When Lionel de Rothschild, from the famous banking dynasty, wrote to his mother to thank her 'for my bride', he had just met his cousin Charlotte in Frankfurt. She was sixteen, and beautiful. An arranged family marriage joining two branches of Europe's most powerful banking firm, it seemed an unlikely love match. Yet it lasted through tragedies and triumphs, as Charlotte became one of the grand chatelaines of the Victorian era, while Lionel became England's leading financier, and the first of his faith to win a seat in Parliament. That dramatic campaign was a prolonged battle that, Charlotte wrote, was 'screaming about the house' for eleven years. Despite - perhaps because - of a surfeit of wealth, and her realization of what money could not buy, she concealed beneath a stubborn will and a sparkling wit an inner melancholy that only her great admirer (and Lionel's best friend) Benjamin Disraeli seemed to recognize.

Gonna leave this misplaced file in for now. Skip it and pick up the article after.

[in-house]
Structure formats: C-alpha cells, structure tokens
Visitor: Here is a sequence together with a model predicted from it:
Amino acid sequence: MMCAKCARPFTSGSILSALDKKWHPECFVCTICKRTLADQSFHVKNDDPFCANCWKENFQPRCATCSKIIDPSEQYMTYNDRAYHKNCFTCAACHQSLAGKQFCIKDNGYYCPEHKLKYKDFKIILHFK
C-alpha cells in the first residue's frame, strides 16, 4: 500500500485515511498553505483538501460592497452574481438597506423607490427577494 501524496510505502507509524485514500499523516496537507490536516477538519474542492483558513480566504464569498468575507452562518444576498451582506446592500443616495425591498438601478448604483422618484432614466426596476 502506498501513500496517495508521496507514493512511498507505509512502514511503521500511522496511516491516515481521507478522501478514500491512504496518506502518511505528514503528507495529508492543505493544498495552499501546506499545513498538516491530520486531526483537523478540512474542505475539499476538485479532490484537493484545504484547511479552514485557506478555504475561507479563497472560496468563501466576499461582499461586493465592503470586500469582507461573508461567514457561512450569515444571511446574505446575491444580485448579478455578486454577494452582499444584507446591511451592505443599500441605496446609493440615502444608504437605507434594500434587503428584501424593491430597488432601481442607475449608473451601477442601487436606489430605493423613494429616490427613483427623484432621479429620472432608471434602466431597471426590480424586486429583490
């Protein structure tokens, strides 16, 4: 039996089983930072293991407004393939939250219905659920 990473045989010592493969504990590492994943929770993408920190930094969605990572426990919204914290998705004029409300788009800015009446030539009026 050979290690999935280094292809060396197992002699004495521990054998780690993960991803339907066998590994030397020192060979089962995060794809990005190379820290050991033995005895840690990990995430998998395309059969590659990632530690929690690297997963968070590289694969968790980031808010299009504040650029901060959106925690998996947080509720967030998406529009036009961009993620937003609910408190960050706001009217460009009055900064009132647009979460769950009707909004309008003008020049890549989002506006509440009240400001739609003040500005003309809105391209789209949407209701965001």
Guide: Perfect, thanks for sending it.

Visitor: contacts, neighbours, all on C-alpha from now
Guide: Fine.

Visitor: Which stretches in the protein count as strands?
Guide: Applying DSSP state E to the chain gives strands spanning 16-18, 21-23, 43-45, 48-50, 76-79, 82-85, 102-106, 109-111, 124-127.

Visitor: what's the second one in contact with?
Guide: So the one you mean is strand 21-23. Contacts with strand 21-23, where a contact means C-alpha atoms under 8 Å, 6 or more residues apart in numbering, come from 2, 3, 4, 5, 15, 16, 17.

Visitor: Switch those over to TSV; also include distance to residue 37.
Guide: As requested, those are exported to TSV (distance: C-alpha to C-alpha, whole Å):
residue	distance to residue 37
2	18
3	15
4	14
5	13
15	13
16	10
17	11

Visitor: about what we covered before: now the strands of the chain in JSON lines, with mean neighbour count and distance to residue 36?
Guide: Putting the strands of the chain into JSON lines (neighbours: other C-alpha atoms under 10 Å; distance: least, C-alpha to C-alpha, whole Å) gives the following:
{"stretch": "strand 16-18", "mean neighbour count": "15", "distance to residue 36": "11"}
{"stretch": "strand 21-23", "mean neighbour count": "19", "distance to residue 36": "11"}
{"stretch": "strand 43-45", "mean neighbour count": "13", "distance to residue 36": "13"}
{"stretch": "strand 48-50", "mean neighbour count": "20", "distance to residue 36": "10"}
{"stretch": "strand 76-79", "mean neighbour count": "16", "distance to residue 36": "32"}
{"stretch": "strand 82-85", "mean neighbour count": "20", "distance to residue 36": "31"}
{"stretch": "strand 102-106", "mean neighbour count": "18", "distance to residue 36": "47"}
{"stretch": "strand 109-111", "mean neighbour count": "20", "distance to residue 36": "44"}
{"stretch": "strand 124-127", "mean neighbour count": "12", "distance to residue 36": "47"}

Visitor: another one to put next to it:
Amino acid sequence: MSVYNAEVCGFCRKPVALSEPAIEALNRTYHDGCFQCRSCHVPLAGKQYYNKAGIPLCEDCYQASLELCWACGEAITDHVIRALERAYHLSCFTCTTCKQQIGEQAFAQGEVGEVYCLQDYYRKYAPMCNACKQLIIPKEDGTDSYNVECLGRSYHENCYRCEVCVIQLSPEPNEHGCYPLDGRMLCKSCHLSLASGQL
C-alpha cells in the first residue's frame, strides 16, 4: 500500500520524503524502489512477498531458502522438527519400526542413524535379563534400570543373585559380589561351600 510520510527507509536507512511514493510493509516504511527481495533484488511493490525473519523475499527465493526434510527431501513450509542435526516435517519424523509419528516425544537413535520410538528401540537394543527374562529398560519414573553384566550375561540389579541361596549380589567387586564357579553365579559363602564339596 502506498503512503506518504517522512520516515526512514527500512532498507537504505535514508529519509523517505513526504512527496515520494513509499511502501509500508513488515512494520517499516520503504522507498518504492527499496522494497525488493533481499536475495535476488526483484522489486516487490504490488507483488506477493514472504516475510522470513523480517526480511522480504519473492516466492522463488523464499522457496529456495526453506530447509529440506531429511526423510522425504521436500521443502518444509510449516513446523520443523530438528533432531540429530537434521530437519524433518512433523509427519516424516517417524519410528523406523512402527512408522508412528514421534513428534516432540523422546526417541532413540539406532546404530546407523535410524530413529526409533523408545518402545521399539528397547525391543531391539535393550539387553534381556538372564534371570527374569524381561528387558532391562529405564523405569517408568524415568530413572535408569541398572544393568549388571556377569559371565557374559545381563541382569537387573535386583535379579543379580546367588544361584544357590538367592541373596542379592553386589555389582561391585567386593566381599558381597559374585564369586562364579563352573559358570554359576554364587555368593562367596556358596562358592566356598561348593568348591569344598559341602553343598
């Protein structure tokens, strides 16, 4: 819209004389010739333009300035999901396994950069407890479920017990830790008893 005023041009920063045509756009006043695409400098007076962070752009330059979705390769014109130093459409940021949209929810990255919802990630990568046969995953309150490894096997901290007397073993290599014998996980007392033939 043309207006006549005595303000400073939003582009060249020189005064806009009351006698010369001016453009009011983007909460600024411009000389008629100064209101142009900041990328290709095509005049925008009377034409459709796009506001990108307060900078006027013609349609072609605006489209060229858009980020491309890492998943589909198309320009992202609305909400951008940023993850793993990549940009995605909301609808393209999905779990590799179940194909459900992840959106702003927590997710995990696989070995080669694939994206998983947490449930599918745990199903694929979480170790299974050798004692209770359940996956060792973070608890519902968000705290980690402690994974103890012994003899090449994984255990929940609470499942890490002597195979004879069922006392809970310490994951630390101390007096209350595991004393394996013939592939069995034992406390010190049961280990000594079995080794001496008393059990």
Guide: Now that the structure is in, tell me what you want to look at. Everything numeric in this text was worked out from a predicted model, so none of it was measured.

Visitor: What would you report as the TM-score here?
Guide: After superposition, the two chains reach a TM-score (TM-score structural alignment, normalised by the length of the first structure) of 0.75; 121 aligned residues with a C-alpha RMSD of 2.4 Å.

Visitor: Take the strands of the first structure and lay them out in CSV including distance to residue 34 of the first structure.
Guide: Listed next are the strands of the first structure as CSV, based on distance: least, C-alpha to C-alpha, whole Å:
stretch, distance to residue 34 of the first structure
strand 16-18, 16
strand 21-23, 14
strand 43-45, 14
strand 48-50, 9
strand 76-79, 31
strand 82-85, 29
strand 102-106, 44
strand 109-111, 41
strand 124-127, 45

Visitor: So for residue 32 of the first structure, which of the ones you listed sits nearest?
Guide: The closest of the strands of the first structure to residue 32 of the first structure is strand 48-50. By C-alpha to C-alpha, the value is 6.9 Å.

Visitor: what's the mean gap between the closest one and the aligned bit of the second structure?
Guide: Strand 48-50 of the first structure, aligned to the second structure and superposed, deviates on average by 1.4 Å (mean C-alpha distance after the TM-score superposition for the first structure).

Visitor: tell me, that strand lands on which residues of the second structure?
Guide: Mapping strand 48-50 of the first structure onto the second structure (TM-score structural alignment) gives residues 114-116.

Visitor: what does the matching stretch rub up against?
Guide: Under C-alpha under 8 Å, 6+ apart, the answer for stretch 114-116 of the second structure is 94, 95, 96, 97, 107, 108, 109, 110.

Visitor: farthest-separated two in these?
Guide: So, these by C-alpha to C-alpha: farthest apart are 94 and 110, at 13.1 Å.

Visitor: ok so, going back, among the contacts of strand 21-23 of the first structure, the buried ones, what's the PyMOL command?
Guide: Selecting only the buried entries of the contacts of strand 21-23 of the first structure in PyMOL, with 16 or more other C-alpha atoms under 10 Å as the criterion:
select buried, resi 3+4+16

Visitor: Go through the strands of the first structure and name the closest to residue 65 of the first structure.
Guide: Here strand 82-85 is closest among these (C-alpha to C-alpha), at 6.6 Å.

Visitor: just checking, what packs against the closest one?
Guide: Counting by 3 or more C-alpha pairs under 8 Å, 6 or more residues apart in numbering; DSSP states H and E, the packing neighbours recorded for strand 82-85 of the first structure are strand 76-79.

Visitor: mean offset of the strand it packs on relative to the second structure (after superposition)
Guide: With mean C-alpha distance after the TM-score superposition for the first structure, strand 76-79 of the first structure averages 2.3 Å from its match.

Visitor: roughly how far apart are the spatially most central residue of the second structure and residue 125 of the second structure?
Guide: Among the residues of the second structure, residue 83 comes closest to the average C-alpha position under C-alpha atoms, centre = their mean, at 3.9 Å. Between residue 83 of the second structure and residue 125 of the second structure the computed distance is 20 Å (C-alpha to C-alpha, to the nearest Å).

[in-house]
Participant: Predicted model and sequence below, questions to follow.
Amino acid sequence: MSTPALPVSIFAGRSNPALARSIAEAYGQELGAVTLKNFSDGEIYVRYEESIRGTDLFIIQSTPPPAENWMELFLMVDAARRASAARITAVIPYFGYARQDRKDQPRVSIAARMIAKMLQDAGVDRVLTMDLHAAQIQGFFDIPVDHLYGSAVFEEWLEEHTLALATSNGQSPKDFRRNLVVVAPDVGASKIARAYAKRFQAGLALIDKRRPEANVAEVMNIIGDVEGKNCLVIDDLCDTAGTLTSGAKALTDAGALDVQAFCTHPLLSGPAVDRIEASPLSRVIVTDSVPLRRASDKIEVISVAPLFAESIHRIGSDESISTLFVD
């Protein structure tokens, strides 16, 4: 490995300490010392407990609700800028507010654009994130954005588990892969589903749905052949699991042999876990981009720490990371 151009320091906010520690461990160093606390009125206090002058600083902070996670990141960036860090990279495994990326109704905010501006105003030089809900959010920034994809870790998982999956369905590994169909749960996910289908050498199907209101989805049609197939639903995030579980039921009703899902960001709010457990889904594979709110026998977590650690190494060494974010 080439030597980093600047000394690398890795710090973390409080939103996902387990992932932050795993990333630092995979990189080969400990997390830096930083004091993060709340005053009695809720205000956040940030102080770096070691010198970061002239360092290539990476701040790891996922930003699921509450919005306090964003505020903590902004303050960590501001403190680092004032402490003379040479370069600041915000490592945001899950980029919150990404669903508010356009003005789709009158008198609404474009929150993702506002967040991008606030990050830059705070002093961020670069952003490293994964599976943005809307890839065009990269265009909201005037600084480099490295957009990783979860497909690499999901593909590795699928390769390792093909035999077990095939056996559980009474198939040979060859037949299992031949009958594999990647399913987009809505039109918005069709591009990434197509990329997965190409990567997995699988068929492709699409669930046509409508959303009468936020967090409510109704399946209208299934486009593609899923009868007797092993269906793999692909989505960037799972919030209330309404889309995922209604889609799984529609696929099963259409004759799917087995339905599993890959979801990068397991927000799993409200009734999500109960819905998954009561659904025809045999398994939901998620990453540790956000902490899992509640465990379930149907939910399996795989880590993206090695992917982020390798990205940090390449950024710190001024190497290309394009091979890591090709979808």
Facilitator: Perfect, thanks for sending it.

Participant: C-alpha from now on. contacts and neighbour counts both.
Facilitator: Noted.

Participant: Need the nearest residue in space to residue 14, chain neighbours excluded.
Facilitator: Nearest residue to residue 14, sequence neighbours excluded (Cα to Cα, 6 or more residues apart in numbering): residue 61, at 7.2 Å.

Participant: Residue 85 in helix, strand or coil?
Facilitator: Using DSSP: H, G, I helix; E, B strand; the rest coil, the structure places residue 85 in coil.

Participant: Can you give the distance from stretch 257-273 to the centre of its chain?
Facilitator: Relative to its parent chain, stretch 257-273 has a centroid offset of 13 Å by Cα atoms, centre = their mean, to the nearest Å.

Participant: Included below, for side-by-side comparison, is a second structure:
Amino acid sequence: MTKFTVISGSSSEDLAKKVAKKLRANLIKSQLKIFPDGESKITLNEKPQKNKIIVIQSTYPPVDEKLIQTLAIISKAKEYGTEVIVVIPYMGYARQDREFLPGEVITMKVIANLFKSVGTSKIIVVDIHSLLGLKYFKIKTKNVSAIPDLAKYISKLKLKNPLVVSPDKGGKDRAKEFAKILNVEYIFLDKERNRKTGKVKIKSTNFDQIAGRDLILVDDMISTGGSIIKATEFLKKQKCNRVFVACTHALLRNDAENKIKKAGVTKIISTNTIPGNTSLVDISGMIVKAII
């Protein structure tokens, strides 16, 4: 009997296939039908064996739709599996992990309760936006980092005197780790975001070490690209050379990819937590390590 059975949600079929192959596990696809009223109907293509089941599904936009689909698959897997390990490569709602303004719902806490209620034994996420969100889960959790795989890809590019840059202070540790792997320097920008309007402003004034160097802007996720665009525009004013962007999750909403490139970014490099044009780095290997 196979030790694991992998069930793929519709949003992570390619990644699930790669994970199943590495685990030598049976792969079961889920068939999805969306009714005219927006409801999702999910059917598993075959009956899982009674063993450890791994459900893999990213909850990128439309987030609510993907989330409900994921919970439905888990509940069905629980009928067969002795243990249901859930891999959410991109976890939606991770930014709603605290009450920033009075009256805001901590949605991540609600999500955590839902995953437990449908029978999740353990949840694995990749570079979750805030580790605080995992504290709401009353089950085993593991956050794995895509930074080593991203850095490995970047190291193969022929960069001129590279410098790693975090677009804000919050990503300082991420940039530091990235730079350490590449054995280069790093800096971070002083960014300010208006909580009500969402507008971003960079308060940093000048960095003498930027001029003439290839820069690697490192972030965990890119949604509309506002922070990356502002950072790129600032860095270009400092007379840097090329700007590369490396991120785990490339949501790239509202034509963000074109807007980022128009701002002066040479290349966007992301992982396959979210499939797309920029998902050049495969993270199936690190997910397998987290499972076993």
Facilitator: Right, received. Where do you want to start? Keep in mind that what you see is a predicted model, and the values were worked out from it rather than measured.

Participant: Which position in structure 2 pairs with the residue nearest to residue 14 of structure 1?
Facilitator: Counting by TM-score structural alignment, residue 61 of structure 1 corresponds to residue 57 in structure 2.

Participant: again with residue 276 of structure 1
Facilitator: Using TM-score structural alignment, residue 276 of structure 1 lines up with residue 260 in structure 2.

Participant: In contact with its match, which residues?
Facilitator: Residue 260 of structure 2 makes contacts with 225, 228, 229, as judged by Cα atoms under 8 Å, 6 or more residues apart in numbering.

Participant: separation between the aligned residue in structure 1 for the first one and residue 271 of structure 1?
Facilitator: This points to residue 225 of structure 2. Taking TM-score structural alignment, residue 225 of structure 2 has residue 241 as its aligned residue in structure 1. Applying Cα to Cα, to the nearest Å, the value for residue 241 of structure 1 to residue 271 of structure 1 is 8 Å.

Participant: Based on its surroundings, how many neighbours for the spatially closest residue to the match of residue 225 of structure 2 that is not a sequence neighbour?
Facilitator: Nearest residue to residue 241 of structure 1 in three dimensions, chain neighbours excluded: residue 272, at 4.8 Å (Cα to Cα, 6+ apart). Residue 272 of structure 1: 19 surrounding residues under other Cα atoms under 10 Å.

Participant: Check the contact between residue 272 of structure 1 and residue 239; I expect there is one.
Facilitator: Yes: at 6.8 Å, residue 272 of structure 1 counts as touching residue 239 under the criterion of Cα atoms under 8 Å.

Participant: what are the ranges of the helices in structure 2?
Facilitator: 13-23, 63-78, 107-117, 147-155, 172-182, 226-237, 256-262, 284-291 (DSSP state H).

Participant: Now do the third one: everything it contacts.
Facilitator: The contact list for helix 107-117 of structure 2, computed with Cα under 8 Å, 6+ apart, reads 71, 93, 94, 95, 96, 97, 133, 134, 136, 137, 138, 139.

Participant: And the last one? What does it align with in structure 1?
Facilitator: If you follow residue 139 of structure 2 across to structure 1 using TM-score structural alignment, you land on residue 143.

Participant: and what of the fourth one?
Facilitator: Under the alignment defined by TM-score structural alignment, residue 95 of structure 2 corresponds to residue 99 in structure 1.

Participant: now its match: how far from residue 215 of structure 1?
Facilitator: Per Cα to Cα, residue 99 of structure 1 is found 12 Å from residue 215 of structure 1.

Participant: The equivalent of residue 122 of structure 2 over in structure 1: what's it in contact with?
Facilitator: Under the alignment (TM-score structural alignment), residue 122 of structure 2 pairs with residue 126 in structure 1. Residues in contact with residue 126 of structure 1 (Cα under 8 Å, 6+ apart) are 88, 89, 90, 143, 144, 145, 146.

Love and money were the cardinal preoccupations in Victorian life, and the Rothschilds abundantly possessed both, as well as an iconic name. But life works in mysterious ways, often with mixed blessings. This is their enthralling story, told by one of the masterful biographers of nineteenth-century figures - of Victoria and Albert, and Edward Prince of Wales; and Disraeli, Whistler, Rossetti, Beardsley and Shaw.
Stanley Weintraub is Professor of Arts and Humanities at Pennsylvania State University and writes as a book critic for the NEW YORK TIMES, WALL STREET JOURNAL and WASHINGTON POST.